George Banks is following his American dream.
And he’s not letting a pandemic get in his way.
Banks, who opened Tre’Vione’s (“Better Than Good”) in Hawesville last year, will reopen it Friday in Towne Square Mall.
The New Orleans-style restaurant is in the space next to the Frederica Street entrance.
It has a separate entrance from the mall and a patio area.
“This was always my objective,” Banks said Wednesday. “Hawesville was a wonderful pilot place between Evansville, Owensboro and Louisville. And I had customers from all three. But most came from Owensboro.”
He said a lot of people have worries about the mall’s future.
But Banks said he’s impressed with the owners and their plans.
“Ed Ray has very supportive,” he said.
Banks said he grew up in the projects in New Orleans, but joined the U.S. Army, got two master’s degrees and decided to stay in Kentucky after he retired from the Army.
His family scattered all over the country after Hurricane Katrina devastated his old neighborhood in 2005, he said.
Banks’ menu of Cajun and Creole foods includes frog legs, gumbo, red beans and rice, jambalaya, fried chicken wings, etoufee, fried gator tail, crawfish, catfish and shrimp.
But it also includes hamburgers, pork chops, mashed potatoes and other traditional dishes cooked in New Orleans style.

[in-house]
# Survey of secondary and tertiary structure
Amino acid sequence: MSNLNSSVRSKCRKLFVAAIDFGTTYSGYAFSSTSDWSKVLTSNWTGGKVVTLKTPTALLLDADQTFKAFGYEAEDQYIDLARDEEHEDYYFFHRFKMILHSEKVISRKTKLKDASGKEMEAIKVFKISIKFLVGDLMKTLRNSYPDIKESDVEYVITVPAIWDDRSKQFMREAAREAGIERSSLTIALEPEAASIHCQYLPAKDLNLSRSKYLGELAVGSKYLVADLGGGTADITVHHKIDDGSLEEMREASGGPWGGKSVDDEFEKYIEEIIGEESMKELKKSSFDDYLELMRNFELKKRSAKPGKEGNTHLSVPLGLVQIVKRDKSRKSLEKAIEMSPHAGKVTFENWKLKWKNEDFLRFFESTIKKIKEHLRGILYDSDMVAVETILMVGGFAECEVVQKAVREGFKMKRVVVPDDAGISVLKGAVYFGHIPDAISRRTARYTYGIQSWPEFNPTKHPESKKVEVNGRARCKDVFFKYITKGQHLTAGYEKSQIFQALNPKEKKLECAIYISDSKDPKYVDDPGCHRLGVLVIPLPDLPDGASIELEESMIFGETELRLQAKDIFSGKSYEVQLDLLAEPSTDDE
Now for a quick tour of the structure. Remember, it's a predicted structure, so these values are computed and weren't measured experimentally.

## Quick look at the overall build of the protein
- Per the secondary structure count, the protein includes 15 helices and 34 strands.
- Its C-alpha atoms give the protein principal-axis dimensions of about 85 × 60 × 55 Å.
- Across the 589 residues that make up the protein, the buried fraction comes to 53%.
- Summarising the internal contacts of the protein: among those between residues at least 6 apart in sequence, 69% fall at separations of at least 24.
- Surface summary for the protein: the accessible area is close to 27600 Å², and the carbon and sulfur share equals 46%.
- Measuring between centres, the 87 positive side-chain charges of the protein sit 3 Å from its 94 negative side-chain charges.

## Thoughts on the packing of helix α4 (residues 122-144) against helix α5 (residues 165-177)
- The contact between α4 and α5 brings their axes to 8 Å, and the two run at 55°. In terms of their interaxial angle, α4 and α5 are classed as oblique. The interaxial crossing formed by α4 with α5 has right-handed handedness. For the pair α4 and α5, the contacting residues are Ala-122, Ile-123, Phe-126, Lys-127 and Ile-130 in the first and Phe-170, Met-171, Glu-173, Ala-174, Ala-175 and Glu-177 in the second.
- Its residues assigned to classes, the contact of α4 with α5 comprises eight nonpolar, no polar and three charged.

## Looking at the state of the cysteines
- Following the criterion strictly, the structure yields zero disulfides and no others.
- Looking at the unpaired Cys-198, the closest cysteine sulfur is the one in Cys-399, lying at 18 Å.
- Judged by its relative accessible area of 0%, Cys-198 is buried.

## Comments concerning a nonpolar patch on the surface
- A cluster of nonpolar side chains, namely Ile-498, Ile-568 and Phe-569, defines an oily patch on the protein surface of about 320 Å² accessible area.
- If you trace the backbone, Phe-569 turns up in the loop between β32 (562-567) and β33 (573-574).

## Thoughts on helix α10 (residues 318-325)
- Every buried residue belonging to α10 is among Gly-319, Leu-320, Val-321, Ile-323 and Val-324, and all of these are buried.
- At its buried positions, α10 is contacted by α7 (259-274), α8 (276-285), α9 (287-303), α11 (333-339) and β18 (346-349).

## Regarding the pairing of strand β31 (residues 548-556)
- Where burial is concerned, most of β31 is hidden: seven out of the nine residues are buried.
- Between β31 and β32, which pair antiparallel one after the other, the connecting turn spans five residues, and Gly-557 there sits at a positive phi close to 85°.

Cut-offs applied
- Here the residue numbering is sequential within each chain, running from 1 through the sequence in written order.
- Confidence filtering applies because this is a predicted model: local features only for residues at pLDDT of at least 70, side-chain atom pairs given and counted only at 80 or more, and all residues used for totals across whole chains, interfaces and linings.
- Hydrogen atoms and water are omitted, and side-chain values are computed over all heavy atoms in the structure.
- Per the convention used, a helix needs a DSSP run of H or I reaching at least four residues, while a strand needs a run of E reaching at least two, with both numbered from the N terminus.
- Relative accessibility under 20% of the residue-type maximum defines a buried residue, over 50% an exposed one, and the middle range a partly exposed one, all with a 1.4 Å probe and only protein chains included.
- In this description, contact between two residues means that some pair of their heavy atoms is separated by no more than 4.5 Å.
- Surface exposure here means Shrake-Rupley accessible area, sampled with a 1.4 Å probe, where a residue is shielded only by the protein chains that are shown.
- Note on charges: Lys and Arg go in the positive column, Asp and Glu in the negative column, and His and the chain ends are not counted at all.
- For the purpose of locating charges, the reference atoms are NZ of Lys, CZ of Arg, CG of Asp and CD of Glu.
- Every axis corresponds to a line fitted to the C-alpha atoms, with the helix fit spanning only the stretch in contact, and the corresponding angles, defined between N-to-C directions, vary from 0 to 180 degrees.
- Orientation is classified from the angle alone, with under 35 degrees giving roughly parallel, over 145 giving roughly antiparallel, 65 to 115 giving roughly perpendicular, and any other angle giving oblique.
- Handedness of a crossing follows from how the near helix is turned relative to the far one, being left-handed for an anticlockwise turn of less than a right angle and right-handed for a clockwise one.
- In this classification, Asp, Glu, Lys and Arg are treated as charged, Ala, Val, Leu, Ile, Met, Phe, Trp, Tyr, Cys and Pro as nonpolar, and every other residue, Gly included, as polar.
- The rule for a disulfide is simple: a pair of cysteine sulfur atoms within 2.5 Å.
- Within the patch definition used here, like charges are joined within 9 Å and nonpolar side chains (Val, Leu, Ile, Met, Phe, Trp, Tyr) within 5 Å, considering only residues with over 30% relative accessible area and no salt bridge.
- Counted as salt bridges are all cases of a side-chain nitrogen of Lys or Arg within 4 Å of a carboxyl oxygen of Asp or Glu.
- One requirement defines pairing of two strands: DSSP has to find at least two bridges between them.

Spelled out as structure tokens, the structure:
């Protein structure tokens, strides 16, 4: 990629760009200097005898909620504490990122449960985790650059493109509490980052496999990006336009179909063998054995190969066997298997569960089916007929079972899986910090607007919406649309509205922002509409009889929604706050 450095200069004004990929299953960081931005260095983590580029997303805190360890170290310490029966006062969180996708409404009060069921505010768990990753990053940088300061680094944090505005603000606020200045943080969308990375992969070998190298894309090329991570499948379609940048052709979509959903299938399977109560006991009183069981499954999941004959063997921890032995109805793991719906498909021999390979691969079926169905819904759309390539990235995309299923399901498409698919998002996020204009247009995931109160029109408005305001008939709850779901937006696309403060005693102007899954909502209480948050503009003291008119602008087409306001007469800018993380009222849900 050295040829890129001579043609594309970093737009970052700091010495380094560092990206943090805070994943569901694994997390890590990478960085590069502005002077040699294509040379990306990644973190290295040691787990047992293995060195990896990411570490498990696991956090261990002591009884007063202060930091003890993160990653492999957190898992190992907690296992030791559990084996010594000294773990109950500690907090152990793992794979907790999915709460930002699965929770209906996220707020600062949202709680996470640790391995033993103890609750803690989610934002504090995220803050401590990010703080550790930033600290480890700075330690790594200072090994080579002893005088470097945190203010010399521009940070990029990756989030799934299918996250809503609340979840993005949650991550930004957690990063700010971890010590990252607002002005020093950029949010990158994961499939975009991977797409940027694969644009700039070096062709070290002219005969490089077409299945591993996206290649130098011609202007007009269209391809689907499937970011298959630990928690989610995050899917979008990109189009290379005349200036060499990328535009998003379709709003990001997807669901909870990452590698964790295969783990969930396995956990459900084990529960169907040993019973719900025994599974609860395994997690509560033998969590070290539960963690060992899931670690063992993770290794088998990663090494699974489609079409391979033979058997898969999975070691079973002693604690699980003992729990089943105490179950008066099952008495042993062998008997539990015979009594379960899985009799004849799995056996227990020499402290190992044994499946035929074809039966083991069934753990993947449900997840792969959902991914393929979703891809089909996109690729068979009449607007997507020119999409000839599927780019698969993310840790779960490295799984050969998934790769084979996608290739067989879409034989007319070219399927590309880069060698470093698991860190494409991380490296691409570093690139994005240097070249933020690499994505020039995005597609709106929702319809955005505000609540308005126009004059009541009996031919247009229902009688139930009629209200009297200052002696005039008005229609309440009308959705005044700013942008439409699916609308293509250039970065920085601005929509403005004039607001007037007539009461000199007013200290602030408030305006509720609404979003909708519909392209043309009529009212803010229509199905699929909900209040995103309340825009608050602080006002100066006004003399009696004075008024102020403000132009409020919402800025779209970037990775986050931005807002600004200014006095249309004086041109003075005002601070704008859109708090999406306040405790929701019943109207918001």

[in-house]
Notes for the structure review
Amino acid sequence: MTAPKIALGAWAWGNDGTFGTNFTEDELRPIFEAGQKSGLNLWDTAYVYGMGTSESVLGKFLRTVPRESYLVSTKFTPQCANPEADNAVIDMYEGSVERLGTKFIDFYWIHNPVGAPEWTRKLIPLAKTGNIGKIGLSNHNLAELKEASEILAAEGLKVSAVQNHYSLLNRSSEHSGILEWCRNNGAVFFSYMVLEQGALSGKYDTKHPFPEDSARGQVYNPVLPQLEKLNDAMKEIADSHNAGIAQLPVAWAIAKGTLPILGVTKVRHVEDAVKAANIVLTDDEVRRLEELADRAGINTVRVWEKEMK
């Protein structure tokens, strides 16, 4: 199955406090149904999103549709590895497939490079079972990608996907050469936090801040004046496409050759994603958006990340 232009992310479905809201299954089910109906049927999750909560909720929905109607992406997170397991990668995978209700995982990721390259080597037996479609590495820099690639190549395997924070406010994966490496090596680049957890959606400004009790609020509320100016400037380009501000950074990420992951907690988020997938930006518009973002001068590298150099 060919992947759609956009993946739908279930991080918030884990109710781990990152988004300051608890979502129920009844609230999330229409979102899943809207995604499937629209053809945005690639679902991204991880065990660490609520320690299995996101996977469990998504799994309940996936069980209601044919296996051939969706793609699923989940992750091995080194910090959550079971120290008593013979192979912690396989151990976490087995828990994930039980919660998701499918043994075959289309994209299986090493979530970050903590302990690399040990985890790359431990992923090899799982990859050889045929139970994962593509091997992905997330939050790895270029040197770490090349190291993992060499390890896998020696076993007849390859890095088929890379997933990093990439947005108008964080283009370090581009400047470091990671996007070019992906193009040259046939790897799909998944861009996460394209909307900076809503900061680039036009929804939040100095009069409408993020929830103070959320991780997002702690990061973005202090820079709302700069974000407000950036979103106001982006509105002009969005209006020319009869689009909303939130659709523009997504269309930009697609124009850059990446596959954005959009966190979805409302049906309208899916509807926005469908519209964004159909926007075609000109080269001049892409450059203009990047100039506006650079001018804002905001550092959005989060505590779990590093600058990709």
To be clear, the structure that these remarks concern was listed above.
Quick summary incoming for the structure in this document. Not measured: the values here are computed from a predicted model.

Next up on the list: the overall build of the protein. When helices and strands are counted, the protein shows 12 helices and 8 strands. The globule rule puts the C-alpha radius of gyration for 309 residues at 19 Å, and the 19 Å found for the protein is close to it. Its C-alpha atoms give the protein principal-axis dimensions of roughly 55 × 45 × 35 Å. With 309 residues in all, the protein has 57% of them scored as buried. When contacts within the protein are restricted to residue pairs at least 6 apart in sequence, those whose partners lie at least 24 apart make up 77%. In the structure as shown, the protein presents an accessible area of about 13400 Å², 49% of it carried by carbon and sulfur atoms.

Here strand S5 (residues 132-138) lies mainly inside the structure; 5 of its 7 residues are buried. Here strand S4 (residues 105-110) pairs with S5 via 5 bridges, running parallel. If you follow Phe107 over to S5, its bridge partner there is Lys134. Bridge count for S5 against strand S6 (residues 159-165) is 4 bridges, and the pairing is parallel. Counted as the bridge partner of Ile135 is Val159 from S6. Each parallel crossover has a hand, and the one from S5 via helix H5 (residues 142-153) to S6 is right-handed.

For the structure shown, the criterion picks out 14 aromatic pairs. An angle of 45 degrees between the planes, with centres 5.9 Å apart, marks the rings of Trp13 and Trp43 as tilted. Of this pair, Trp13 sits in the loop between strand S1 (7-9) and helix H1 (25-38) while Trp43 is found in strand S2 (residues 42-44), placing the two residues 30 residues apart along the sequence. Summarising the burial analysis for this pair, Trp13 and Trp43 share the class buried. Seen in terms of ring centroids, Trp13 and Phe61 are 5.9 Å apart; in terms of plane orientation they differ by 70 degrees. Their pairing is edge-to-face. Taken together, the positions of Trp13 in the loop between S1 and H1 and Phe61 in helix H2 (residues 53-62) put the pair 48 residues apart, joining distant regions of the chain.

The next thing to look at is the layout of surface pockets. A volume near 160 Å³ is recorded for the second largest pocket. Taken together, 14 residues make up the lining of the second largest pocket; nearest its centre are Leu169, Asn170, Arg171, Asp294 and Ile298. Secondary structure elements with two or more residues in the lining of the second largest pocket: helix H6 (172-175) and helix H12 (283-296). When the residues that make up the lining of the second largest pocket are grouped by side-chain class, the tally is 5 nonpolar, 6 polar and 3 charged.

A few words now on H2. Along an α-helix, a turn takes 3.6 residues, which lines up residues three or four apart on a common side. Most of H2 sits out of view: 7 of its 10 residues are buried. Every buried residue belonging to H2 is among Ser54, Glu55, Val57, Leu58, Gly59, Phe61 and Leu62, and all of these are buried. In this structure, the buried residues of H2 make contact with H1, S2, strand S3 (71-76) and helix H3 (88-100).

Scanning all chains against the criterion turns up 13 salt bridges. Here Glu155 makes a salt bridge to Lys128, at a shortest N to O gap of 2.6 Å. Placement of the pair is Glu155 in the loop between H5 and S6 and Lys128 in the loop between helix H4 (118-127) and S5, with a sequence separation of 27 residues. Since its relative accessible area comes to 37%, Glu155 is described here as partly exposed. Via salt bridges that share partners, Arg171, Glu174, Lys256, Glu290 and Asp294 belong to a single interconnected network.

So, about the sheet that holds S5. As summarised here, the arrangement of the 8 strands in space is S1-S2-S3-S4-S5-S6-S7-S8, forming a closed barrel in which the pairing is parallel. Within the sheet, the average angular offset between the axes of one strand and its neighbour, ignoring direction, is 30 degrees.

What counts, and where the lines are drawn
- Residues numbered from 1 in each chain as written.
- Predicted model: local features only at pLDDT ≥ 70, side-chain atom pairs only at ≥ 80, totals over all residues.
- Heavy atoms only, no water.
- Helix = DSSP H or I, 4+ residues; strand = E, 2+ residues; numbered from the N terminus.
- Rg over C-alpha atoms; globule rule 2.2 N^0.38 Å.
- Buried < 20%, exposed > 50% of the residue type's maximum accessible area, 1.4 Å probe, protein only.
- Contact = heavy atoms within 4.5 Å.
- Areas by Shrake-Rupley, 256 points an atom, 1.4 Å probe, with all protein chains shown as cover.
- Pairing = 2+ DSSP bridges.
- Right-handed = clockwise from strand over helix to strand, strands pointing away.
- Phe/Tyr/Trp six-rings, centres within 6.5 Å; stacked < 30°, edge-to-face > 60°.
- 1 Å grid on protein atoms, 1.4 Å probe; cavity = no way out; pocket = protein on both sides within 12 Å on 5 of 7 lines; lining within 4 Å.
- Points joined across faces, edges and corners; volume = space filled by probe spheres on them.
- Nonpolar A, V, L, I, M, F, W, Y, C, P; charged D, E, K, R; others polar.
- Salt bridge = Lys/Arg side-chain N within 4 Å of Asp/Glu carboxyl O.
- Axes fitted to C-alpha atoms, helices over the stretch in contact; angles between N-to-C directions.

Banks said Creole cooking — red beans and rice — isn’t hot, but Cajun — jambalaya — is.
He said everything is cooked from scratch and he can adjust the spices to a customer’s taste.
“There’s nothing like this around here,” Banks said.
Hours will be from 11 a.m. to 8 p.m. seven days a week for the first month, he said, until he gets his liquor license.
Then, he’ll adjust the hours.
Banks said the coronavirus guidelines are actually helping him open.
“When we opened in Hawesville, we had more people come in the beginning than we could handle well,” he said. “Now, we can only operate a 50% capacity and that will help with our soft opening.”
The restaurant seats 330 normally or 165 now.
A lot of food on the menu is seasonal, Banks said.
Redfish, trout and crawfish all have different seasons, he said.
Banks said one of the women who applied for a cooking job said she hadn’t cooked “foreign food,” when he mentioned the Cajun and Creole dishes.
“Louisiana is part of America,” he said, shaking his head. “Creole and Cajun foods are American food.”
Banks said that as a veteran he wants to honor the servicemen and women who never came back from war.
He’ll have a “missing man” table set up in the restaurant to honor those still missing.
And he wants help from local first responders on a way to honor them.
“Being a black business owner, I want to reach out to the police,” Banks said. “We all have to come together. I want my son to look up to the police.”
The restaurant has 20 on staff, but will need more when seating returns to 100% of capacity, he said.
Keith Lawrence, 270-691-7301 firstname.lastname@example.org.